Student loan nightmare stories are becoming all too common. You may wonder how people get is such a huge financial mess. It’s quite easy actually. Just keep signing on that line without understanding the terms you are agreeing to and it will add up to one big expensive mistake. So keep these tips in mind before you sign.
Start your student loan search by looking at the safest options first. These are generally the federal loans. They are immune to your credit rating, and their interest rates don’t fluctuate. These loans also carry some borrower protection. This is in place in case of financial issues or unemployment following your graduation from college.
Paying your student loans helps you build a good credit rating. Conversely, not paying them can destroy your credit rating. Not only that, if you don’t pay for nine months, you will ow the entire balance. When this happens the government can keep your tax refunds and/or garnish your wages in an effort to collect. Avoid all this trouble by making timely payments.
Try getting your student loans paid off in a 10-year period. This is the traditional repayment period that you should be able to achieve after graduation. If you struggle with payments, there are 20 and 30-year repayment periods. The drawback to these is that they will make you pay more in interest.
To reduce the amount of your student loans, work as many hours as you can during your last year of high school and the summer before college. The more money you have to give the college in cash, the less you have to finance. This means less loan expense later on.
To keep your overall student loan principal low, complete your first two years of school at a community college before transferring to a four-year institution. The tuition is significantly lower your first two years, and your degree will be just as valid as everyone else’s when you graduate from the larger university.
Take advantage of student loan repayment calculators to test different payment amounts and plans. Plug in this data to your monthly budget and see which seems most doable. Which option gives you room to save for emergencies? Are there any options that leave no room for error? When there is a threat of defaulting on your loans, it’s always best to err on the side of caution.
Understand that school affiliations with lenders can be quite misleading when you are deciding which lender to choose. They may have a deal with a private lender and offer them use of the school’s name. This may be deceiving. The school may receive some sort of payment if you agree to go with a certain lender. Therefore, don’t blindly put your trust in anything; do your own research.
If you are in a position to do so, sign up for automated student loan payments. Certain lenders offer a small discount for payments made the same time each month from your checking or saving account. This option is recommended only if you have a steady, stable income. Otherwise, you run the risk of incurring hefty overdraft fees.
To bring in the greatest returns on your student loan, get the most out of each day at school. Instead of sleeping in until a few minutes before class, and then running to class with your binder and notebook flying, wake up earlier to get yourself organized. You’ll get better grades and make a good impression.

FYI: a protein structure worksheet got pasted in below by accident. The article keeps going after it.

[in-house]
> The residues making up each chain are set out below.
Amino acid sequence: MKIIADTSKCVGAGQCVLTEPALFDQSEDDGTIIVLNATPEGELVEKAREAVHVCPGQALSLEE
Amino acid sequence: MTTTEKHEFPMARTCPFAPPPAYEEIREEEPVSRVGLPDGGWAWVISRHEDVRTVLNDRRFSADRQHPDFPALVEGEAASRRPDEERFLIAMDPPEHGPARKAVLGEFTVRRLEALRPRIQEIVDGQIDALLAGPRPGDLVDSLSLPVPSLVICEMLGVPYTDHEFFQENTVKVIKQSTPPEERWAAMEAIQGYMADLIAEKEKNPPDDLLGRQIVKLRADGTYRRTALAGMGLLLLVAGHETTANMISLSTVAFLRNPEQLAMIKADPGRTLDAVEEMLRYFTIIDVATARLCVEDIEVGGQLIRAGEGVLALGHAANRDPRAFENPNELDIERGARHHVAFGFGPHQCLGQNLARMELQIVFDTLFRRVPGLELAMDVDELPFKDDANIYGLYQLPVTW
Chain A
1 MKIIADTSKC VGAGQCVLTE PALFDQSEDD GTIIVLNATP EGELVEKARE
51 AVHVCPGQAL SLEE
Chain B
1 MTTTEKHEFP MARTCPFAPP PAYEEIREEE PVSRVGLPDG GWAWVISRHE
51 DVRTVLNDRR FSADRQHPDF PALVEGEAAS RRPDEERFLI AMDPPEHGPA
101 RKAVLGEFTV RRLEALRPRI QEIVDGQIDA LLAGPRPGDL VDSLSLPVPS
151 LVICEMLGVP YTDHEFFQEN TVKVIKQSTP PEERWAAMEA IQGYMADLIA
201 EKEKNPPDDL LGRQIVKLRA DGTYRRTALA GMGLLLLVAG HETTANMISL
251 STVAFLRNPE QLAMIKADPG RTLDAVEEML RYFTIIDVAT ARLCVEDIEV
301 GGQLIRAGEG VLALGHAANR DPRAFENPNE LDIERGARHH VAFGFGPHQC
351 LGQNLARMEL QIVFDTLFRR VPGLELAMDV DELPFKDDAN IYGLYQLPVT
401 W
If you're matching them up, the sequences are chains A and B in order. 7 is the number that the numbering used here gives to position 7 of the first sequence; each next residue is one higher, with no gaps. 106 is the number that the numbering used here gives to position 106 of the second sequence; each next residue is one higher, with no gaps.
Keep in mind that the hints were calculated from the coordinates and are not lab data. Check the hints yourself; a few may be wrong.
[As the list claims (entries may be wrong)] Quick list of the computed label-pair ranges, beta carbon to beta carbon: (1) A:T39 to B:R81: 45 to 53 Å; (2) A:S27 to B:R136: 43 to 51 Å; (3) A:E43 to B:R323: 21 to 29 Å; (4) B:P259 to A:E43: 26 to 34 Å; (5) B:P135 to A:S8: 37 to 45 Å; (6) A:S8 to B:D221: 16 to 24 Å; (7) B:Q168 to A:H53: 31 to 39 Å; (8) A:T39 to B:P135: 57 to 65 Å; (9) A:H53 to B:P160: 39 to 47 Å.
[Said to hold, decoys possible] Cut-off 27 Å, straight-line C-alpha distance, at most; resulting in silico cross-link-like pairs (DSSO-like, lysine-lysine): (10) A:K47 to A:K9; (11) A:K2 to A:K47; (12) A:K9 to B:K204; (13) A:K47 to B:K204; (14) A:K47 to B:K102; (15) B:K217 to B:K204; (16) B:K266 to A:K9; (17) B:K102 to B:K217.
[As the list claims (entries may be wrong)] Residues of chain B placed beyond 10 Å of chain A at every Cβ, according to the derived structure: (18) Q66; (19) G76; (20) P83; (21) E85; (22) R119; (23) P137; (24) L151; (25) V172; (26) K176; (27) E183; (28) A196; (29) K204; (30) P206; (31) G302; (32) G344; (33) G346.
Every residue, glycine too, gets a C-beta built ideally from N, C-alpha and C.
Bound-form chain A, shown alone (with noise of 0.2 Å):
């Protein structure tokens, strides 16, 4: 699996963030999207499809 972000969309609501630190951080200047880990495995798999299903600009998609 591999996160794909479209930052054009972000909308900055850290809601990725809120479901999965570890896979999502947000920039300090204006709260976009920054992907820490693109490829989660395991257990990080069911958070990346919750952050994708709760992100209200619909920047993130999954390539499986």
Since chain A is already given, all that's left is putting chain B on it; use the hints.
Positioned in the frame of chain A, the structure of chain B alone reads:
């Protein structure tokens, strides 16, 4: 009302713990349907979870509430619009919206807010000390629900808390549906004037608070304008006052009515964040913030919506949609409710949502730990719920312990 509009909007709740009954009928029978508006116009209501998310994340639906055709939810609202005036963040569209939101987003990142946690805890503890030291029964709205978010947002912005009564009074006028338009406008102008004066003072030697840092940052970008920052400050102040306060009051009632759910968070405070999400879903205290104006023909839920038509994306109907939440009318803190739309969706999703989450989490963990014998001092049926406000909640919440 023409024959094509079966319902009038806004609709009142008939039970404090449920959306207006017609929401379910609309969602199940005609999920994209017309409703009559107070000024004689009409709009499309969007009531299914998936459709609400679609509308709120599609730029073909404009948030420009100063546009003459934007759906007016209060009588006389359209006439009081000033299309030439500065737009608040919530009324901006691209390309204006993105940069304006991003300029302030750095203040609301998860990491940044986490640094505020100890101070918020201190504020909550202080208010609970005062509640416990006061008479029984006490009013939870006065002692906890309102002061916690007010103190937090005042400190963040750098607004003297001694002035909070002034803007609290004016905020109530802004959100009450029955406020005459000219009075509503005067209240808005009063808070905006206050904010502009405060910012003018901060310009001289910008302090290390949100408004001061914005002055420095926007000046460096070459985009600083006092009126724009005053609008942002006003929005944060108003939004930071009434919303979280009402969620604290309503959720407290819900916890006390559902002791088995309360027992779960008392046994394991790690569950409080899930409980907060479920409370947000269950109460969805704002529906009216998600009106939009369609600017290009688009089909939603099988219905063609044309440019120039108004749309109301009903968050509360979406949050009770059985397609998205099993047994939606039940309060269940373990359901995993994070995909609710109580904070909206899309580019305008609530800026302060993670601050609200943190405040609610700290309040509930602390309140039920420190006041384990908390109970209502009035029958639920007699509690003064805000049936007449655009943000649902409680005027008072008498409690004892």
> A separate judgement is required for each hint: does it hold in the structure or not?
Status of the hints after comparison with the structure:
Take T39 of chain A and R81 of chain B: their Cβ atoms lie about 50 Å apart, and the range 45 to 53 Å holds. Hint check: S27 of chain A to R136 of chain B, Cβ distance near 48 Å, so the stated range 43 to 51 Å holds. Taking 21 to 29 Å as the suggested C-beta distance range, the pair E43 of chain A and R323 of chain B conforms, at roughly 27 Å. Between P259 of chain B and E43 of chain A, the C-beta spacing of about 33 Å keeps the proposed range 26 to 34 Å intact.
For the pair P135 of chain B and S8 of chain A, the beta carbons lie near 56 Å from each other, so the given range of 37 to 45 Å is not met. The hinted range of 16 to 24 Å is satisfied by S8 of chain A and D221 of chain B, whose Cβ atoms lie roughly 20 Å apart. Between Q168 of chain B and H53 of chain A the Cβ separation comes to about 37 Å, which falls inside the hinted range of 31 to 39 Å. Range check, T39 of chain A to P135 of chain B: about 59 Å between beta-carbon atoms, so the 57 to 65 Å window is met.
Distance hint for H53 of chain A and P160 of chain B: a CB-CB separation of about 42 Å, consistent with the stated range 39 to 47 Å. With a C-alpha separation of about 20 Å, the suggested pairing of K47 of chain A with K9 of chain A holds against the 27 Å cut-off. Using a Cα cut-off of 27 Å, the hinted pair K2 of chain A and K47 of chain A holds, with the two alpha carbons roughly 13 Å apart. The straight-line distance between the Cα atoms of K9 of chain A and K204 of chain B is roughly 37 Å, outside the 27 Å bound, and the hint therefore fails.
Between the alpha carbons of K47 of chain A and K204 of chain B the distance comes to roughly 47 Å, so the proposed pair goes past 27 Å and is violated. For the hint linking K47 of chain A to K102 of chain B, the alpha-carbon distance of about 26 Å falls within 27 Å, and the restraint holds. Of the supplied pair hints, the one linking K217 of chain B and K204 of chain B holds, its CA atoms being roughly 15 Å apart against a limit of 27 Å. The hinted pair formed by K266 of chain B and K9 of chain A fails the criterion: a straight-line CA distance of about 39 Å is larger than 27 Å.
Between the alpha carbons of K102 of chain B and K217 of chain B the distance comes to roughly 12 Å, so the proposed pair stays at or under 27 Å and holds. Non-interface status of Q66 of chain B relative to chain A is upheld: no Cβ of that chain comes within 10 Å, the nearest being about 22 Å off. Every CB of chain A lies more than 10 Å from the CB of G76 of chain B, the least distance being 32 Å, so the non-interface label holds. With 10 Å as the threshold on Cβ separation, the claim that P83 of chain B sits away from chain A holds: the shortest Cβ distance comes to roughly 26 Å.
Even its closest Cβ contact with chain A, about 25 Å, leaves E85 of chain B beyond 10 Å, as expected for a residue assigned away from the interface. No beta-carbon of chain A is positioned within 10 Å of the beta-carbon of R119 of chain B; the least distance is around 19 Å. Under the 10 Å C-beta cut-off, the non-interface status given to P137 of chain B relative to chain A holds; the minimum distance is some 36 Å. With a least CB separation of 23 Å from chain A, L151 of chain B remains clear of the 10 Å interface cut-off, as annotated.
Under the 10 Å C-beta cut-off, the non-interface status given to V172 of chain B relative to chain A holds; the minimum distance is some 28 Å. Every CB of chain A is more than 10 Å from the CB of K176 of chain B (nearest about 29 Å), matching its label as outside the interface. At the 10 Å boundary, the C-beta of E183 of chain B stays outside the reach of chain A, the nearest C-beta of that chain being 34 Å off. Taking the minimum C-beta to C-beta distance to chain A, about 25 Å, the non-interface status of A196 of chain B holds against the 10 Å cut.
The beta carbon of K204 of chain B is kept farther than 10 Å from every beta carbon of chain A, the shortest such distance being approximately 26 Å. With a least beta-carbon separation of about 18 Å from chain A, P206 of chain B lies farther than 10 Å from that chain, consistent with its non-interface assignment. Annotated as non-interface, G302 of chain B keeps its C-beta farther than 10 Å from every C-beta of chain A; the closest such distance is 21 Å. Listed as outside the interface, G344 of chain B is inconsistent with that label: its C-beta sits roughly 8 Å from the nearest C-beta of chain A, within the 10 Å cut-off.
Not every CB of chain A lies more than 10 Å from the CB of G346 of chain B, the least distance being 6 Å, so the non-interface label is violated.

Communicate with the lender or whoever is making the loan to you. This is important as you will want to know all of the information on your loan and what stipulations are involved in your payback plan. You may even get some helpful advice from your lender about how to pay it back.
Always keep your lender aware of your current address and phone number. That may mean having to send them a notification and then following up with a phone call to ensure that they have your current information on file. You may miss out on important notifications if they cannot contact you.
If you are the forgetful type and are worried that you might miss a payment or not remember it until it is past due, you should sign up for direct pay. That way your payment will be automatically deducted from your checking account each month and you can be sure you will never have a late payment.
To keep your student loan borrowing costs to a minimum, consider working as a resident advisor during your last three years of undergraduate study. While you will be living in a dorm with freshmen, serving as the leaders of the building, you will also receive free room and board, which makes the duties somewhat less onerous.
To receive the best return on your student loan investment, establish a daily routine that includes attending class, working, studying, and maintaining a healthy lifestyle. That way you will emerge from college a well-rounded, disciplined individual, able to handle the challenges of life after leaving university for the real world.
If your credit score is less than perfect, taking out federal student loans is preferable to taking out loans from private lenders. Unlike the federal government, many private lenders require you to have a cosigner. If you are unable to meet your payment obligations, the burden falls on your cosigner. This in turn can have an adverse impact on their credit score.
To keep from wasting your student loan funds, make sure that you take advantage of all of the opportunities that your campus has to offer for personal enrichment. You only get to go to college once, so take in things like the college theater, the university orchestra and the student fitness center.
Making educated decisions about student loans is the best way to avoid financial disaster. It can also keep you from making a costly mistake that will follow you for decades. So remember the tips from above, don’t be afraid to ask questions and always understand what you are are signing up for.